From the Revd Alastair Bolt
Another week, and I feel that we may be entering a new phase. Early on in lock-down, there was a sense of crisis, the unknown threat, but also some novelty in adapting to new conditions. More recently we have settled to a kind of routine, the worst-case scenario has not yet materialised and may not, but we are feeling tied down by the limitations, and the routine is becoming boring. Now, however, there is a hint that in the next few weeks, the lock-down might be eased. The fact that this may take a long time and only happen gradually does not alter the fact that we are squinting forward. This is surprisingly disturbing. Although it will be a relief to move on out of this virus time, I am aware of lots of things waiting to be done in the wide world out there, and I’m not sure I’m ready for them yet!
Trust in Jesus cannot be a static faith, because what we are trusting Him for is always changing; novelty, fear, boredom, hope, limitation, freedom; these all present their own challenges to which Faith has different answers. Certainly, if we are going to be ready for the new normal which everyone is talking about, and which will just be the next phase of life, we need to be making good use of our time now. In particular, we need to be using time which would otherwise be packed out with the things we cannot now do. Rather than the adage, ‘Don’t just stand there, do something’, we might be thinking, ‘Don’t just do something, stand there’. Many of you will be used to working out your Christian discipleship in practical ways, like church maintenance, cleaning, doing the flowers, preparing the Communion, welcoming visitors, making coffee, making church music, preaching, and visiting. Before we simply find new ways of doing everything remotely or on-line or from the 2 m distancing of the garden gate, it is good to do some ‘Being still and knowing God’. It is good to wonder whether we benefit from not doing some of the things we do. We might reflect on whether our busyness masks a lack of inner stillness. Once we can be still with God and ourselves, then we can better take on new things, in new ways, with peaceful confidence.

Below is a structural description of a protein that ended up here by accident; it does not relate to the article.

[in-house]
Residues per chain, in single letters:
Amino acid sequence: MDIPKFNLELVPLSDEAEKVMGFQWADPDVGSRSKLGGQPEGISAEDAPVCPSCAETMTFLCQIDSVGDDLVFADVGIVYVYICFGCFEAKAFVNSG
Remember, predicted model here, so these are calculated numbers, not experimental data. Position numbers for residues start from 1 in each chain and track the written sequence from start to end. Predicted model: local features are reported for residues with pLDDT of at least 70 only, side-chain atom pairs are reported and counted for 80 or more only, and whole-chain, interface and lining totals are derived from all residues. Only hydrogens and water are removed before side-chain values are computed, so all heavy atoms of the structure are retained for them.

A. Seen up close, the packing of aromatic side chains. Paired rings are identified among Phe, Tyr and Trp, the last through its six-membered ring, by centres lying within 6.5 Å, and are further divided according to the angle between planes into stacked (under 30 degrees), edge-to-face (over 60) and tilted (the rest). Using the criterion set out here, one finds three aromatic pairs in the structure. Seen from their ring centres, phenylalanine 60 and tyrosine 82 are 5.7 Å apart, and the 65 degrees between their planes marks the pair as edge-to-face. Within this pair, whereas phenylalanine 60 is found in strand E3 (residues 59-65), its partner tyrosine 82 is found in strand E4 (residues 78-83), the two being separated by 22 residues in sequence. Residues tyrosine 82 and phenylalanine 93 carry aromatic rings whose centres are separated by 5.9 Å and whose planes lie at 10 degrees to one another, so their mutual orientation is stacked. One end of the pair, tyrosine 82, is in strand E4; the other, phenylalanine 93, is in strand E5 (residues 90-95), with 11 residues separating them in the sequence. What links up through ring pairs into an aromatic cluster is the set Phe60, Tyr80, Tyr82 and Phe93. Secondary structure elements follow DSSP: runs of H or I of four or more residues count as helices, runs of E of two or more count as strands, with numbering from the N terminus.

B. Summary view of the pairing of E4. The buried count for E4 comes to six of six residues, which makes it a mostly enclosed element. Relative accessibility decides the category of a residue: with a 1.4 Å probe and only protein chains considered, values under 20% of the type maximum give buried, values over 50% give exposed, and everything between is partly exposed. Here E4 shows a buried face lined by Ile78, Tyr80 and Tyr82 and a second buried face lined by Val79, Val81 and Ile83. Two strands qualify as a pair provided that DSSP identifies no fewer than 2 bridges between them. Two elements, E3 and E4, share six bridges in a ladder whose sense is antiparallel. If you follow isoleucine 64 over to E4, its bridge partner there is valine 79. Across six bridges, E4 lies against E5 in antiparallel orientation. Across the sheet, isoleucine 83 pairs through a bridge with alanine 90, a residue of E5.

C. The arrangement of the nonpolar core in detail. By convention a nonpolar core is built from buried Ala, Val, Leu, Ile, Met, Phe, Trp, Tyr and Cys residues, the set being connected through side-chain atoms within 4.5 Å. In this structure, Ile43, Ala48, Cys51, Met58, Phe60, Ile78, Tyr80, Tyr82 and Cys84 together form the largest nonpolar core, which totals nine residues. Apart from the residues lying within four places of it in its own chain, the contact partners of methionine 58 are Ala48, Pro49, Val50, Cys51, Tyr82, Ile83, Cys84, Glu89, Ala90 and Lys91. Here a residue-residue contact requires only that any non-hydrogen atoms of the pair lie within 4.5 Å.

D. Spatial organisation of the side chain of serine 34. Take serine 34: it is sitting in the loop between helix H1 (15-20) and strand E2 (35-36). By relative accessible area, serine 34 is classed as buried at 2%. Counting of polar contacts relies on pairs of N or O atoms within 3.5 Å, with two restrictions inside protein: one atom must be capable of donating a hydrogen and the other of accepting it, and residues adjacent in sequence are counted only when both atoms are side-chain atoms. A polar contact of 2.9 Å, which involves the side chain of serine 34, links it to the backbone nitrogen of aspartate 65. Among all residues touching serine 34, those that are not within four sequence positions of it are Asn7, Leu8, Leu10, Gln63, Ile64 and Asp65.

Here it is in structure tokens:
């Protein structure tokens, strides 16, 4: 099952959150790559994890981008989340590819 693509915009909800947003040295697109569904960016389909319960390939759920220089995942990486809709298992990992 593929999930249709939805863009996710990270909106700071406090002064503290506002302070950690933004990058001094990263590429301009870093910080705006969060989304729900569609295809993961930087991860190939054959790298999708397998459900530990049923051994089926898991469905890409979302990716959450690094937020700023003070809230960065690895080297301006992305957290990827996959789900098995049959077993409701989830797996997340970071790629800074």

Many of us are thinking now about how our church buildings are getting on without us! Although we miss our worship, church buildings can be a pain. I suspect our buildings are a little dusty and sometimes cold but otherwise untouched. In the longer term, they may leak and become dilapidated. We miss them, they don’t miss us! The church is the people of God, and not the building, and we need constant maintenance by the Holy Spirit to keep us in good shape.
Some time ago I read a commercial advert for a new type of garden wheelbarrow. Two main strengths were highlighted; first, it was indestructible, and second, it could be recycled!
We as the people of God are indestructible so long as we are ‘One in Christ’ but we also need to be remade, reformed, renewed for the new tasks and situations that lie ahead.
In a previous letter, I mentioned I was (unusually for me) reading the book of Judges. There is indeed some great stuff in there. There is also some ‘interesting’ stuff such as Judges chapter 19. It might take me a very long lock-down to get a sermon out of that, but 2 Timothy 3.16 is still true!
With my best wishes and blessings to you all for a good and safe week.
Published at 16:41 on 28 April 2020